“How can both Jesus and his Father be God? Isn’t that impossible?”

“God can do just about anything he wants. He’s God. In fact, I’m pretty sure the Bible confirms that all things are possible with God. I can even give you a formula that serves to mathematically ‘model’ the Holy Trinity: 1 x 1 x 1 = 1. See how simple that is?”

“But God has many sons.”

“Sure. In a natural sense, as with us humans, and even in a limited, supernatural sense, as with the angels. But there’s only one ‘son’ who is divinely begotten … not created … from the very same eternal, godly ‘stock’ as his Father. God from God. Light from Light. True God from true God. And that’s Jesus Christ.”

“Are you a minister or something?”

“No. I’m just another faithful Catholic. How about you?”

“I was going to become a Baptist, but I decided to become a Jehovah’s Witness, instead.”

“I see,” I replied.

I continued to explain, “For years, my mom used to get the “Watchtower” and “Awake” (Jehovah’s Witness) magazines sent to her house, by a family friend. I read all of them from cover to cover. Lots of interesting stuff in them, too. But it’s their conclusions that (as a Catholic) never made sense to me. And (I have to tell you) they still don’t.”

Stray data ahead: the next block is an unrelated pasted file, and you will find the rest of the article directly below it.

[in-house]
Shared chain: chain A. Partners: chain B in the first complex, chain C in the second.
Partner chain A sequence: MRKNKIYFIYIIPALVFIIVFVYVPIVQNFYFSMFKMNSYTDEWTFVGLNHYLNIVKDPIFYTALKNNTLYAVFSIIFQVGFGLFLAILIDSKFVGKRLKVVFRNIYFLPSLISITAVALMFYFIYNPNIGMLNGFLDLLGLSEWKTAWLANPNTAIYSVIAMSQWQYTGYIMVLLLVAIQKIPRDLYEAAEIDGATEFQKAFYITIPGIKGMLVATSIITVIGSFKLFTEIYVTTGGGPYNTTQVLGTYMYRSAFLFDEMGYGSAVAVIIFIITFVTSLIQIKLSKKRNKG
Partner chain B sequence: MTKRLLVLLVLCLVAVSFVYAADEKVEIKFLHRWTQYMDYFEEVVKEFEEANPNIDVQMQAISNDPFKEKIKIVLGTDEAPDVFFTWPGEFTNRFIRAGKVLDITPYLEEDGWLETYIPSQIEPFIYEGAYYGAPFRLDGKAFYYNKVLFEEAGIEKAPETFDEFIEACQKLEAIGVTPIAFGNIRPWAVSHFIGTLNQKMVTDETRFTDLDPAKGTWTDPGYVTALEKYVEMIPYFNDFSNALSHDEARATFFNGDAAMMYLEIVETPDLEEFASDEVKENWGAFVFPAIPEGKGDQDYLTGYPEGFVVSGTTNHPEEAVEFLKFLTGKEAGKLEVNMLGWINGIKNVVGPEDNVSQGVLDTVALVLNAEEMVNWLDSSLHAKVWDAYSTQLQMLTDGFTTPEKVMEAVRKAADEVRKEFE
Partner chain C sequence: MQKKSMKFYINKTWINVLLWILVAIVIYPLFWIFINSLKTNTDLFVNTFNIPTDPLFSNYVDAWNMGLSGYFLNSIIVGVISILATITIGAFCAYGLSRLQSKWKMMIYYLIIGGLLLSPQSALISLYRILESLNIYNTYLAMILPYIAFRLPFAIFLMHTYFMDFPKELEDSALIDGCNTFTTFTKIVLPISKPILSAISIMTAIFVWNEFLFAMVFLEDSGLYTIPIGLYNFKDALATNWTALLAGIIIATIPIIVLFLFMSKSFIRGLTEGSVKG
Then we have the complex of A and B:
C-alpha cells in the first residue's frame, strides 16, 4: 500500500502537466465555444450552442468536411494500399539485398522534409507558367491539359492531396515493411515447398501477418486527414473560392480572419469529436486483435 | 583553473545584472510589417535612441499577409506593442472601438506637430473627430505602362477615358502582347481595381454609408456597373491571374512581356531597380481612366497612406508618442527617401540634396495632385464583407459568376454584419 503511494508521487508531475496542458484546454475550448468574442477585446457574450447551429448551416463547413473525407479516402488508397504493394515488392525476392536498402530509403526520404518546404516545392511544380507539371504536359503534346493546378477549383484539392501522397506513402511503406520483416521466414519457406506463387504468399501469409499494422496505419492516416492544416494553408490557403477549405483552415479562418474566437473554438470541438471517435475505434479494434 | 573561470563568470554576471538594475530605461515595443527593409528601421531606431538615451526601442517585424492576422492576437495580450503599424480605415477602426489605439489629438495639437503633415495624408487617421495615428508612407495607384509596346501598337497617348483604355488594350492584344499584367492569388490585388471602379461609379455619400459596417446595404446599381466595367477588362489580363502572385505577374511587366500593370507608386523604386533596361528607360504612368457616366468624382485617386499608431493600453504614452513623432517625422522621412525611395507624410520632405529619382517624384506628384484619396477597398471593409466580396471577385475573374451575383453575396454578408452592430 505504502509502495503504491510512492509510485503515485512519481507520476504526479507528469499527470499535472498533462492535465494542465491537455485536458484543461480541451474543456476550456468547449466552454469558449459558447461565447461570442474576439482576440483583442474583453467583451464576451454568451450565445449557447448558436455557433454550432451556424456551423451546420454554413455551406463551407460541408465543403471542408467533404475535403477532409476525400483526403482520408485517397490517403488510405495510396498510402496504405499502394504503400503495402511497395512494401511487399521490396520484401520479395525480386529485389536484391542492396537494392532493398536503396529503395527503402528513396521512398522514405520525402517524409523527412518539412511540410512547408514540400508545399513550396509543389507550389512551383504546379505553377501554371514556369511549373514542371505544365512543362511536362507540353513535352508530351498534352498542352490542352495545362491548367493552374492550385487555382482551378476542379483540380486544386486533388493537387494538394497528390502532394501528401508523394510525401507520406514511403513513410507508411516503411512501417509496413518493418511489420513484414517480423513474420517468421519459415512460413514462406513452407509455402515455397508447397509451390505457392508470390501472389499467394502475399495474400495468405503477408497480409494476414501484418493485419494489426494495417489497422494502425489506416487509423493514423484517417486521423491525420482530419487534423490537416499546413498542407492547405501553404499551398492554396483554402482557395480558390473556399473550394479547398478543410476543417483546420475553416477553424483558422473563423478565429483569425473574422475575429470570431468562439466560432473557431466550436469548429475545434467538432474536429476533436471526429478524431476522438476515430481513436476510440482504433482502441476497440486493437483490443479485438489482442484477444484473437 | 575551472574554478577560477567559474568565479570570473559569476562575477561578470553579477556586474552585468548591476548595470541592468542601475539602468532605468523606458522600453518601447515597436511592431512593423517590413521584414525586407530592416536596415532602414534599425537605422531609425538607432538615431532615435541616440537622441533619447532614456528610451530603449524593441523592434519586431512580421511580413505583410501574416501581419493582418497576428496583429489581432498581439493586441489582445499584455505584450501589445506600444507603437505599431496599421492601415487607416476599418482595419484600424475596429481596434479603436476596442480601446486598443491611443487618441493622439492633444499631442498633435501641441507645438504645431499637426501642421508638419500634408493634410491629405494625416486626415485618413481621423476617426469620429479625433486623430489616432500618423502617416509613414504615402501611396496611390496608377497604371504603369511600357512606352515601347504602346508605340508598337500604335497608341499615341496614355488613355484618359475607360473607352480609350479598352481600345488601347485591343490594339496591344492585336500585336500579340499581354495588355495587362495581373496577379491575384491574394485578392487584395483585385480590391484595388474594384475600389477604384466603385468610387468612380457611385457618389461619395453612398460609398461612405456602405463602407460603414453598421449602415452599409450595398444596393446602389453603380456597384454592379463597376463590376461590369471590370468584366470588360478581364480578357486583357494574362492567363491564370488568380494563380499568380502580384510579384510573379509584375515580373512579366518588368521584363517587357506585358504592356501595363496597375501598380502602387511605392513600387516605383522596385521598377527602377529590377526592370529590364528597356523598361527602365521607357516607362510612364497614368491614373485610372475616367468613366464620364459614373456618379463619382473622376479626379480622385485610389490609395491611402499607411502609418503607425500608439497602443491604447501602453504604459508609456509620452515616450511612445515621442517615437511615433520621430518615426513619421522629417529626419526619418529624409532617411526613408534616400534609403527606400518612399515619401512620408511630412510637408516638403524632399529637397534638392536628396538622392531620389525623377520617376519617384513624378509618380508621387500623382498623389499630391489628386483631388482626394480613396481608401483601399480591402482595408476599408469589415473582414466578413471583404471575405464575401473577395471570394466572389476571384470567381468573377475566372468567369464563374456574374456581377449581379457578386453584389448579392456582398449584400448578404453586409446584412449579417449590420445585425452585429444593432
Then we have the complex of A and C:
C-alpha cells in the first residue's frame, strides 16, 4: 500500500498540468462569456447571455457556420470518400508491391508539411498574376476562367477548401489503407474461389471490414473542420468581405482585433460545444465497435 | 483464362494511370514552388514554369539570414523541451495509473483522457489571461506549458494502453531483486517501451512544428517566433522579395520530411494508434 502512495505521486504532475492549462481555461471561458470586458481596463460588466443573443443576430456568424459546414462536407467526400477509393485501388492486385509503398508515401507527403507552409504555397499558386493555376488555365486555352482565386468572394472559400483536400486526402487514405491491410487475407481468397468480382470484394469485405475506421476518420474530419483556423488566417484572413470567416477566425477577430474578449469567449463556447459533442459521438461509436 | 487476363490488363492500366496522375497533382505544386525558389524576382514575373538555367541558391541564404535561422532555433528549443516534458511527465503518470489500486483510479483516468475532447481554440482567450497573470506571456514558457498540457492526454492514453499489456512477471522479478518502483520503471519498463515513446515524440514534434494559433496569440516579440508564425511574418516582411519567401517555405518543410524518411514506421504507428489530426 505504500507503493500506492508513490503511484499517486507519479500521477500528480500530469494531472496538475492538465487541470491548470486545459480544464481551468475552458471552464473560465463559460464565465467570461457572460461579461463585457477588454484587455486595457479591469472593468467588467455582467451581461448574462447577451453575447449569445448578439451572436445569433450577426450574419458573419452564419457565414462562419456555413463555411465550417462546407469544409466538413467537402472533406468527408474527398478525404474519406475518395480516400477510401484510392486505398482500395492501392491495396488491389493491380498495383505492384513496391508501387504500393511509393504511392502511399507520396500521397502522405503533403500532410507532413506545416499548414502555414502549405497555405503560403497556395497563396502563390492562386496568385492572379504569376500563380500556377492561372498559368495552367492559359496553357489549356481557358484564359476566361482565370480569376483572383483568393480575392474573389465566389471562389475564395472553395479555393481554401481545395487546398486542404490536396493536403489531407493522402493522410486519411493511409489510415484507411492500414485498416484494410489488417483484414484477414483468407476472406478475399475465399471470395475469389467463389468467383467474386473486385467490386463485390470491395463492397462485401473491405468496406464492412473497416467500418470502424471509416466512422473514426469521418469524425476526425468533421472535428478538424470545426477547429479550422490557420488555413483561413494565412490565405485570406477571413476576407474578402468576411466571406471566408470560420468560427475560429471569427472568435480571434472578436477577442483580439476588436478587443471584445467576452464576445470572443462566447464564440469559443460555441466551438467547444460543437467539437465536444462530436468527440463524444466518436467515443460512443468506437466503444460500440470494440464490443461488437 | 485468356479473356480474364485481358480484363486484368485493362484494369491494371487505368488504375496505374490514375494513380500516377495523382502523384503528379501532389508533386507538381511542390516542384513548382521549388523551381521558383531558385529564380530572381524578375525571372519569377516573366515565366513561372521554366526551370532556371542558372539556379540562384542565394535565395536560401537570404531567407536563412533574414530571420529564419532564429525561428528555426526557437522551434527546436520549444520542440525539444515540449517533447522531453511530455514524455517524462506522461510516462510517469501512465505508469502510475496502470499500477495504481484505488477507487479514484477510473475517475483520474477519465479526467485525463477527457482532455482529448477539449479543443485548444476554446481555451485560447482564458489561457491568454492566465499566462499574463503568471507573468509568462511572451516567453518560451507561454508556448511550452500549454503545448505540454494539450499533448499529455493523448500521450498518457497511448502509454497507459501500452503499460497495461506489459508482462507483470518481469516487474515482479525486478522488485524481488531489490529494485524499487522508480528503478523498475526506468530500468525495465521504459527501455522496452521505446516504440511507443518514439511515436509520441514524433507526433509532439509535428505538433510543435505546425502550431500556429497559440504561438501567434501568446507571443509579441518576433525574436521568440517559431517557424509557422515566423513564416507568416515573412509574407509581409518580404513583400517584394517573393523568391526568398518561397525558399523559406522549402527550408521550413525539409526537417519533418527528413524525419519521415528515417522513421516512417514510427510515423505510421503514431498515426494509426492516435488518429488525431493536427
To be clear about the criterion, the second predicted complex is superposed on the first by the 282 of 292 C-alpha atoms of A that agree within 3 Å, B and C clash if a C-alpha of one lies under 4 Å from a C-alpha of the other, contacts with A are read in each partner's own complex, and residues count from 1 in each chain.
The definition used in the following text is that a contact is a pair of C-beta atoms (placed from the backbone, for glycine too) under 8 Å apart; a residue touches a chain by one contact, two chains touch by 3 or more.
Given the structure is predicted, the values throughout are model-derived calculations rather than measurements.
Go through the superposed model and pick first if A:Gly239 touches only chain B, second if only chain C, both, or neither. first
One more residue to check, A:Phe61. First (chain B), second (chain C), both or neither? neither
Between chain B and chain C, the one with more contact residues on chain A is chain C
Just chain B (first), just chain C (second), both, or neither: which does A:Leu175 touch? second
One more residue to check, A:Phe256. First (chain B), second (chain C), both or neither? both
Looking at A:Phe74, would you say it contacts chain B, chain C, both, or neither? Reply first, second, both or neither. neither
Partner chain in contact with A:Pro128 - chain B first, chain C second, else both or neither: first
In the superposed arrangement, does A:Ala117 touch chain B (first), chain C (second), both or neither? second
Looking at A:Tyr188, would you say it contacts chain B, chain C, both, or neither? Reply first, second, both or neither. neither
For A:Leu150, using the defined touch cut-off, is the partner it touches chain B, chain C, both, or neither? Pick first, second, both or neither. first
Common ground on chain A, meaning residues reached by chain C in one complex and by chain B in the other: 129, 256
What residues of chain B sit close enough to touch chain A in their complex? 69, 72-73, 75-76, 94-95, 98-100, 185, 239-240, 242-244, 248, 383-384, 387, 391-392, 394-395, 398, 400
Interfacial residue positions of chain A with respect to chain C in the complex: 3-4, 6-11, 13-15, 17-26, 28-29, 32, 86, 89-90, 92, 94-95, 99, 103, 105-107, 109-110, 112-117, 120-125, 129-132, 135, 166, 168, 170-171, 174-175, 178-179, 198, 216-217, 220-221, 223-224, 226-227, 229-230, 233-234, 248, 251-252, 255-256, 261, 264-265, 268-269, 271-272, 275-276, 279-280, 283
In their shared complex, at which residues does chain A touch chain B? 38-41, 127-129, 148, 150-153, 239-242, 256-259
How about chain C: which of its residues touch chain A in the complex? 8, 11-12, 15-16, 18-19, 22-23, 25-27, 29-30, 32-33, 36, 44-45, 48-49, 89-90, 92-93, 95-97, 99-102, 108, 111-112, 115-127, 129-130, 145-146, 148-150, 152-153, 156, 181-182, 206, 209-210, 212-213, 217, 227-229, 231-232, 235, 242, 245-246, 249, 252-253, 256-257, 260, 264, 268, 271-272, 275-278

“I much prefer (in spite of the internal and external corruption, with which the Church has always contended) to rely on 2,000 years worth of the world’s finest Catholic scholarship, systematic theology, divine revelation, and practical philosophy … which I’ve taken the time to personally research, thoroughly validate, and humbly attempt to live … rather than the contrary opinions of a few anonymous JW fellows from Brooklyn … who have … time and again … proved to be wrong.”

“Do Jehovah’s Witnesses still believe that Jesus Christ is really just Michael the Archangel?”

“I have to be going,” said my friend.

Gathering up our packages and heading out, my mom was beaming. “That was an interesting conversation. I enjoyed listening,” she said.

“He was a nice fellow.” I said. “We should pray for him!”

Read more about Jehovah’s Witnesses